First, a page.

Tuesday, Sept. 16, 2014
In mid-August, freshman Michael DiGiacomo arrived on the Virginia Commonwealth University campus eager to catch a glimpse of what a future in research could look like.
For one week, just before the new school year started, DiGiacomo and 20 other new honors students had the unique opportunity to participate in the Freshman Research Institute. The VCU Honors College program, now in its eighth year, is designed to introduce incoming freshmen to undergraduate research at VCU.
As a student with an undeclared major, DiGiacomo had hoped the Freshman Research Institute could open his eyes to a field of study with fascinating research opportunities.
He got that, and more.
“Before attending the Freshman Research Institute, I really had no concept of how important and simple it is to get involved with research as an undergraduate student,” said DiGiacomo, a native of Stafford, Virginia.
“I now know how integral it is to the educational experience that VCU offers. My favorite part of the institute was definitely seeing all of the facilities the school has to offer. I know many other students do not get to do that in the very beginning of their academic career.”
During the week-long program, DiGiacomo and his fellow students toured the medical campus and visited the Life Sciences laboratories and the da Vinci Center, in addition to field trips around Richmond. Additionally, there were opportunities to visit the Cabell Library, where students learned how to locate scholarly articles.
DiGiacomo added that the firsthand experiences — meeting with faculty and student researchers — stuck with him, and he described them as “fun and interesting.” Both faculty and student researchers took the Freshman Research Institute participants through their lab spaces, explained research projects and shared information about their field of expertise.
“We want students to walk away with an understanding of what undergraduate research is at VCU, and learn how they can become involved,” said Jacqueline Smith-Mason, Ph.D., assistant dean for the Honors College at VCU, who serves as the program director for the Freshman Research Institute.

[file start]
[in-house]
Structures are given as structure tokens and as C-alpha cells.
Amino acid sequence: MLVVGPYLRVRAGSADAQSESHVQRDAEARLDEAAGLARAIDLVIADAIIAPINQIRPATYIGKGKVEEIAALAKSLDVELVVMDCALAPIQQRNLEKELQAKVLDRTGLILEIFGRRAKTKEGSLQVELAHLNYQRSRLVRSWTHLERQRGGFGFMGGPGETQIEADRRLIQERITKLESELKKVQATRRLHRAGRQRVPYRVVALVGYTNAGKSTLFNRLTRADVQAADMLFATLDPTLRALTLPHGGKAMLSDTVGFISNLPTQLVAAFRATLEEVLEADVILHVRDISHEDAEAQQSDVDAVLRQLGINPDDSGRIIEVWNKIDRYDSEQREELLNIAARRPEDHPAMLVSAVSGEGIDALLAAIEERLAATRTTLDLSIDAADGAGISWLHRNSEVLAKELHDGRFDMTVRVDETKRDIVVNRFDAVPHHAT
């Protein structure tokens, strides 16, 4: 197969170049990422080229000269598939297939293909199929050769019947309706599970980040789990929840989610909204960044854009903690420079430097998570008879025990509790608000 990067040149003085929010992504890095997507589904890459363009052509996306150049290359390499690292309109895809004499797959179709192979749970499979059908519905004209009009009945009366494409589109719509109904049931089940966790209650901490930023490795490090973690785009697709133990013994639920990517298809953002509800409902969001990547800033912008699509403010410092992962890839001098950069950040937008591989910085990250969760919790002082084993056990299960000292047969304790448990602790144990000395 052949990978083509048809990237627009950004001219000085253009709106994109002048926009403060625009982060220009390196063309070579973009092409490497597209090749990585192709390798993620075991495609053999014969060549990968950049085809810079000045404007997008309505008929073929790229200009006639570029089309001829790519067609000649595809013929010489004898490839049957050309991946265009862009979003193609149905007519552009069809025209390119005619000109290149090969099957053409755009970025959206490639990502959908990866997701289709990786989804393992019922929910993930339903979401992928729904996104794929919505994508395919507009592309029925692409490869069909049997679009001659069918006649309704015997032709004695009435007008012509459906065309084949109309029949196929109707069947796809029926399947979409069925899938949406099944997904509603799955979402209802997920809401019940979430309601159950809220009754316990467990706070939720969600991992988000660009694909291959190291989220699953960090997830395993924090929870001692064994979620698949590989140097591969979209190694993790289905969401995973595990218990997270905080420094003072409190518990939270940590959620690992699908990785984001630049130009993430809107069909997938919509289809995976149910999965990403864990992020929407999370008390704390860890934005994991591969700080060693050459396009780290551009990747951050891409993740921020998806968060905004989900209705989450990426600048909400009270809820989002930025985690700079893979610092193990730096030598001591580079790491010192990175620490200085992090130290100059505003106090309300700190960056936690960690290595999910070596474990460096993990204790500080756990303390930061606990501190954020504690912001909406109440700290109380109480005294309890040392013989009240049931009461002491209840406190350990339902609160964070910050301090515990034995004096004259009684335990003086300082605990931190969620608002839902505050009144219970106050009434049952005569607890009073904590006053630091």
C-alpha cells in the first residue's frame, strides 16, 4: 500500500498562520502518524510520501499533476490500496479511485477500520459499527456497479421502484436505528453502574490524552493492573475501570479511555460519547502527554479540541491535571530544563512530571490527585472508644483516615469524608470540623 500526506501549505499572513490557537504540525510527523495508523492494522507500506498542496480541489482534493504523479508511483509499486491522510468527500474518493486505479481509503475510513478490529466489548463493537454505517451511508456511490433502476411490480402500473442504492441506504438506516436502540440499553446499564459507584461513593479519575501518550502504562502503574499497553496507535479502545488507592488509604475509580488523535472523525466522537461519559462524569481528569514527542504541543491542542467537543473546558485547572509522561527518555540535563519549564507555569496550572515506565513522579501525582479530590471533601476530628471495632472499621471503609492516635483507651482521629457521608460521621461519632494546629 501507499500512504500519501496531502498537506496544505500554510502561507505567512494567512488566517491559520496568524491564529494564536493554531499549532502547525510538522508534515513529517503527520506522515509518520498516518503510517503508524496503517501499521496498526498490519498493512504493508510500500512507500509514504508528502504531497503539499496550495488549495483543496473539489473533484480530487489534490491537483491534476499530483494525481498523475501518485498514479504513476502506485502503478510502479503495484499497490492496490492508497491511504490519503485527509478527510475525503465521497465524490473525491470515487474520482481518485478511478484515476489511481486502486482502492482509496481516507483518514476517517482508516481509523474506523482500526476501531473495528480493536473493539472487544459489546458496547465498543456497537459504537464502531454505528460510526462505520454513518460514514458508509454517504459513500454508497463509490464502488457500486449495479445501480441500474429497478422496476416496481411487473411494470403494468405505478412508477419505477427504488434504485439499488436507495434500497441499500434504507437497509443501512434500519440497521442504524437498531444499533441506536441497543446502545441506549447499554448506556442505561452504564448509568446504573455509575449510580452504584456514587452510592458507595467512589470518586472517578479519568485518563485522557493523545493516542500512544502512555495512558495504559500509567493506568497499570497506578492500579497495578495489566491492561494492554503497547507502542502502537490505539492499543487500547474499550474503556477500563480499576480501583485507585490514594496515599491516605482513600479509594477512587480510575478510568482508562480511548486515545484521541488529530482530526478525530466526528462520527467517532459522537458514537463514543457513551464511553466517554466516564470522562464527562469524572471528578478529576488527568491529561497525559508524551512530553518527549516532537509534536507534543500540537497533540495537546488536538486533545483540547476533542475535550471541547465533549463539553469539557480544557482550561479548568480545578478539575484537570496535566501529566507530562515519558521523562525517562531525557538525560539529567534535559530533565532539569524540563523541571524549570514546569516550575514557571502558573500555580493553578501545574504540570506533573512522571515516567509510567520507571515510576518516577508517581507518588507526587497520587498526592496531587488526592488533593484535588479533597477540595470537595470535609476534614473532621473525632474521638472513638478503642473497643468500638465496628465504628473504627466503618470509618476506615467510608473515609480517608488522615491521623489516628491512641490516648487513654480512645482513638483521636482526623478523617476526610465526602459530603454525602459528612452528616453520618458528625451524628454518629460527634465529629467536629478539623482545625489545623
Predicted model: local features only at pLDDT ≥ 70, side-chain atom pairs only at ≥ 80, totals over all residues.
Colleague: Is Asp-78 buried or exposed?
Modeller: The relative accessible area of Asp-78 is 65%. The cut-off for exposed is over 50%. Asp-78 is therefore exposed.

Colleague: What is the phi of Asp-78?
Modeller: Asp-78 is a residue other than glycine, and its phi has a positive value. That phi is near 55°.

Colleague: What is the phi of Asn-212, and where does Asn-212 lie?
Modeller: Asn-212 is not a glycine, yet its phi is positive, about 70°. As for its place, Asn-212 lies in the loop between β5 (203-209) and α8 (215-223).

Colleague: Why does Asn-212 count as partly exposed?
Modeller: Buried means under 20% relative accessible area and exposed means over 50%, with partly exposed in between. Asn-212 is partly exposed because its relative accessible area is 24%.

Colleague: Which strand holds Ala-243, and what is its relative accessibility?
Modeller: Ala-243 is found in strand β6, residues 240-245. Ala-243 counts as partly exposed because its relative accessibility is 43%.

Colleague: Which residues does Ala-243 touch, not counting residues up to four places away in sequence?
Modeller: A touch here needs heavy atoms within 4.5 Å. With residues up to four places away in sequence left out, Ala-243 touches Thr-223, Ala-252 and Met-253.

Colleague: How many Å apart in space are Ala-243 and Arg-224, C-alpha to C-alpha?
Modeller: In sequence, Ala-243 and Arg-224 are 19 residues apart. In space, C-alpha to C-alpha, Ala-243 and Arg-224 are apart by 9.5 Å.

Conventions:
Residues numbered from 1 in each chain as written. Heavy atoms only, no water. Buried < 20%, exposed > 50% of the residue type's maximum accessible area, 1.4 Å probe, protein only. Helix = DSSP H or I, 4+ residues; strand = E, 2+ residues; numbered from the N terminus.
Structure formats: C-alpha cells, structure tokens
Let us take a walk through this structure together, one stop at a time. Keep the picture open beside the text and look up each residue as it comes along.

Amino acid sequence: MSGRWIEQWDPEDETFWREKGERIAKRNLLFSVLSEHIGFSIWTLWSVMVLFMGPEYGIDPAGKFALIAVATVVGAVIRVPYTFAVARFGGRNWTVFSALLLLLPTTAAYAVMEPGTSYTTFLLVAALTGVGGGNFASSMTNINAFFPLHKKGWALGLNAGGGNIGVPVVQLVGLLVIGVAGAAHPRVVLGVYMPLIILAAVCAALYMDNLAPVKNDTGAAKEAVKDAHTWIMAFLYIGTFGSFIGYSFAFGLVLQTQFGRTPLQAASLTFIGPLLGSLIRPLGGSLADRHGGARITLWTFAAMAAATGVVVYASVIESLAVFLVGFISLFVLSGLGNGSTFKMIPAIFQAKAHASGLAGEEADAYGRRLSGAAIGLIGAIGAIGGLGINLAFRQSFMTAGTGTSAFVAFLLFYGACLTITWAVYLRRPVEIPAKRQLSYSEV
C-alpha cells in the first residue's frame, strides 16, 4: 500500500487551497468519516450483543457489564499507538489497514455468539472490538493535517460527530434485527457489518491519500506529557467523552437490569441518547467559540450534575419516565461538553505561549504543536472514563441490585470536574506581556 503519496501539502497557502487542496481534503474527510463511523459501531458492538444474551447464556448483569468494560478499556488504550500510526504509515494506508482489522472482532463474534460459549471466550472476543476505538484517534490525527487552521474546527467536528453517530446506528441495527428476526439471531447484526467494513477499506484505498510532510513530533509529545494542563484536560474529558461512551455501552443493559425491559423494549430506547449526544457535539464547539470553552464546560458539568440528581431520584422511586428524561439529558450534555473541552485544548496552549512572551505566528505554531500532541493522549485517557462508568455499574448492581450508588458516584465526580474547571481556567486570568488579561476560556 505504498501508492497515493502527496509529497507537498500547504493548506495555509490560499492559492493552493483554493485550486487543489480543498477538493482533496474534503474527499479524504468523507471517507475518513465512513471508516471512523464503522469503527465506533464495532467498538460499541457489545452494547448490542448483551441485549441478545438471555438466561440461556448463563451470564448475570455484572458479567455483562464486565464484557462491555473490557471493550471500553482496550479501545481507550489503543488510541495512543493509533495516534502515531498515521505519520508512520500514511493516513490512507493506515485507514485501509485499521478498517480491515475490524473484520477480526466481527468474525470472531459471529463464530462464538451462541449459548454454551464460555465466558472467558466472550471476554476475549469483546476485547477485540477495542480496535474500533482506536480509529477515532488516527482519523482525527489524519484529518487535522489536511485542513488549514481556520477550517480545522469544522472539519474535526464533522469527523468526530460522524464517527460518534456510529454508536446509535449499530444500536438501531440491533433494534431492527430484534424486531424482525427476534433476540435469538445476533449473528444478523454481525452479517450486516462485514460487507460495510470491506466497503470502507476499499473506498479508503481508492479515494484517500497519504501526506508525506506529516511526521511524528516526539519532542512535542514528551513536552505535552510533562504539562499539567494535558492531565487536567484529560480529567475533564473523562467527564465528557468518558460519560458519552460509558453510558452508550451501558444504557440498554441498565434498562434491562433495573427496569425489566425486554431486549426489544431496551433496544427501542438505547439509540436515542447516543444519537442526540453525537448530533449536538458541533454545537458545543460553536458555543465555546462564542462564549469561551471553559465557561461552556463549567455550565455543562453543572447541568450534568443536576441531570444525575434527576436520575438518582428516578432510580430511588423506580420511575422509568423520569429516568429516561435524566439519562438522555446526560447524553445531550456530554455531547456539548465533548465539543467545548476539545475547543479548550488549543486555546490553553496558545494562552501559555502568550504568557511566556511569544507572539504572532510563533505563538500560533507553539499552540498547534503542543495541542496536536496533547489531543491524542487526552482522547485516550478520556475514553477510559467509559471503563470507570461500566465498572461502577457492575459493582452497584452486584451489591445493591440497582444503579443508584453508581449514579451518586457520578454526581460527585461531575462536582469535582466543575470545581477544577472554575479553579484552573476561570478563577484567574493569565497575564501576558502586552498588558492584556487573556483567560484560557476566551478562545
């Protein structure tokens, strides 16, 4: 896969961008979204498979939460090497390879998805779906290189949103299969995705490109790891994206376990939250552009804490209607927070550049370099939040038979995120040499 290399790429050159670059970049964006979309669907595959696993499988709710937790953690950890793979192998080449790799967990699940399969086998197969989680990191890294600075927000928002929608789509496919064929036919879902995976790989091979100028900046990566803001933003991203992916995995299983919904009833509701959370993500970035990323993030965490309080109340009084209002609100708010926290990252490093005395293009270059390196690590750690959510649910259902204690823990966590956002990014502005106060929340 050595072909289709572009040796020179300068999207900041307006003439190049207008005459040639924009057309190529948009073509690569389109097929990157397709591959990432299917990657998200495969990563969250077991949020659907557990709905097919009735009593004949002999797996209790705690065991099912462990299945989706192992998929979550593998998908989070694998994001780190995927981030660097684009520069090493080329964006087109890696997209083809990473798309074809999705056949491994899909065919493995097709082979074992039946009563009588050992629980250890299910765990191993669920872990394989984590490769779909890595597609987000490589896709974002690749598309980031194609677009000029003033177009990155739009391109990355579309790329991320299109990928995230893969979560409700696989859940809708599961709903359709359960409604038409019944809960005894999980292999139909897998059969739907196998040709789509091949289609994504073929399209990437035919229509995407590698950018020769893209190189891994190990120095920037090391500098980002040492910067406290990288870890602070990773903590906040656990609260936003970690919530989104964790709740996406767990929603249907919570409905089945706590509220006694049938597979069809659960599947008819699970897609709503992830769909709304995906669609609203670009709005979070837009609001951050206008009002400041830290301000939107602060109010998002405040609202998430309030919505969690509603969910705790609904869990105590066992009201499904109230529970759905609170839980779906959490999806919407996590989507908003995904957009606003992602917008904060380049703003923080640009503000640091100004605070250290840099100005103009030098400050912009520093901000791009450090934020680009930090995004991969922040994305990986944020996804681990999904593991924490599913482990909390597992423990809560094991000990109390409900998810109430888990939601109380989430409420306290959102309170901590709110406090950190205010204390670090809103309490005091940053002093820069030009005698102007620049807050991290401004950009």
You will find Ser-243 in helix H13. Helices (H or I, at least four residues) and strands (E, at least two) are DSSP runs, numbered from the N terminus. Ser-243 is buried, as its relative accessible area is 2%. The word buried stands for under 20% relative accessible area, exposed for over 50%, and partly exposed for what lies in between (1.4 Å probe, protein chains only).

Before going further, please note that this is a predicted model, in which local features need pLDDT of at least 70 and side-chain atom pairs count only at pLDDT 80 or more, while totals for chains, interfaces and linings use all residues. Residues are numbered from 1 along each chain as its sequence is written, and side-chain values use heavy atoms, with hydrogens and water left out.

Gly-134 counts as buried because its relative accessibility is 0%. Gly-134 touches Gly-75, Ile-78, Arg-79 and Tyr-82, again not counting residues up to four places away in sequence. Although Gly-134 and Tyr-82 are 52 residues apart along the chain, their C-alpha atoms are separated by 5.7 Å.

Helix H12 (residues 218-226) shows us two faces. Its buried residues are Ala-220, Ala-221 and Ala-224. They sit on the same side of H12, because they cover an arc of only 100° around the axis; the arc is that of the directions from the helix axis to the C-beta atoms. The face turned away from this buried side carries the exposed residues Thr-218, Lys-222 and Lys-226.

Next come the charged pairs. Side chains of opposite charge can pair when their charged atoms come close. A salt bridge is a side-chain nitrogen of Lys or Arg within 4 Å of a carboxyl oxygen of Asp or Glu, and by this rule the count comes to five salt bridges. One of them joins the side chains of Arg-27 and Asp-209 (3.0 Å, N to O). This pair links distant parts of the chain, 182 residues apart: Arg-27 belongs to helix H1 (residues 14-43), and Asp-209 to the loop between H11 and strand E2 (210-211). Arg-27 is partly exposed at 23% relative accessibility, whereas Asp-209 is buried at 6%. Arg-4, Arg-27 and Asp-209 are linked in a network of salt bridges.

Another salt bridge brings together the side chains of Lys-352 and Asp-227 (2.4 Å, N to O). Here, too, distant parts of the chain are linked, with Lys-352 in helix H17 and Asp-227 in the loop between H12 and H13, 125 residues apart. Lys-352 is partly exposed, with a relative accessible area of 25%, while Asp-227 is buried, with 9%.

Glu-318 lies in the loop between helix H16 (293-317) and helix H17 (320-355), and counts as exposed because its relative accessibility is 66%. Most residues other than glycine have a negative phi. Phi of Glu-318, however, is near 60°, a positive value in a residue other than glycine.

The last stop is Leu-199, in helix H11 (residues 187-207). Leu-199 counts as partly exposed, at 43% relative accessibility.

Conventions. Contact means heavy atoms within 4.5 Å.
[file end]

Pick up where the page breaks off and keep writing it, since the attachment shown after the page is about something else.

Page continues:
“We also want to help these students to become acclimated to the university as they transition in … and make some lasting friendships along the way,” she said.
Smith-Mason said some students had previous exposure to research, while for others, this was the first time. Students must apply to be admitted to the program and it is open to all majors.
“This program would not be possible without the amazing faculty we have here,” said Smith-Mason. “They are willing to do this right before the school year starts, and they really give the students an engaging experience.”
Although DiGiacomo is not set on a specific discipline yet, he said that his participation in the Freshman Research Institute has helped narrow his interests.
“Overall, I feel very prepared and comfortable with approaching faculty if I am seeking opportunities or direction for research experience,” he said.
“The information learned in a classroom may certainly be stimulating and interesting, but getting to apply that knowledge and information in a real-life situation where you can solve problems and develop new knowledge is invaluable to me.”
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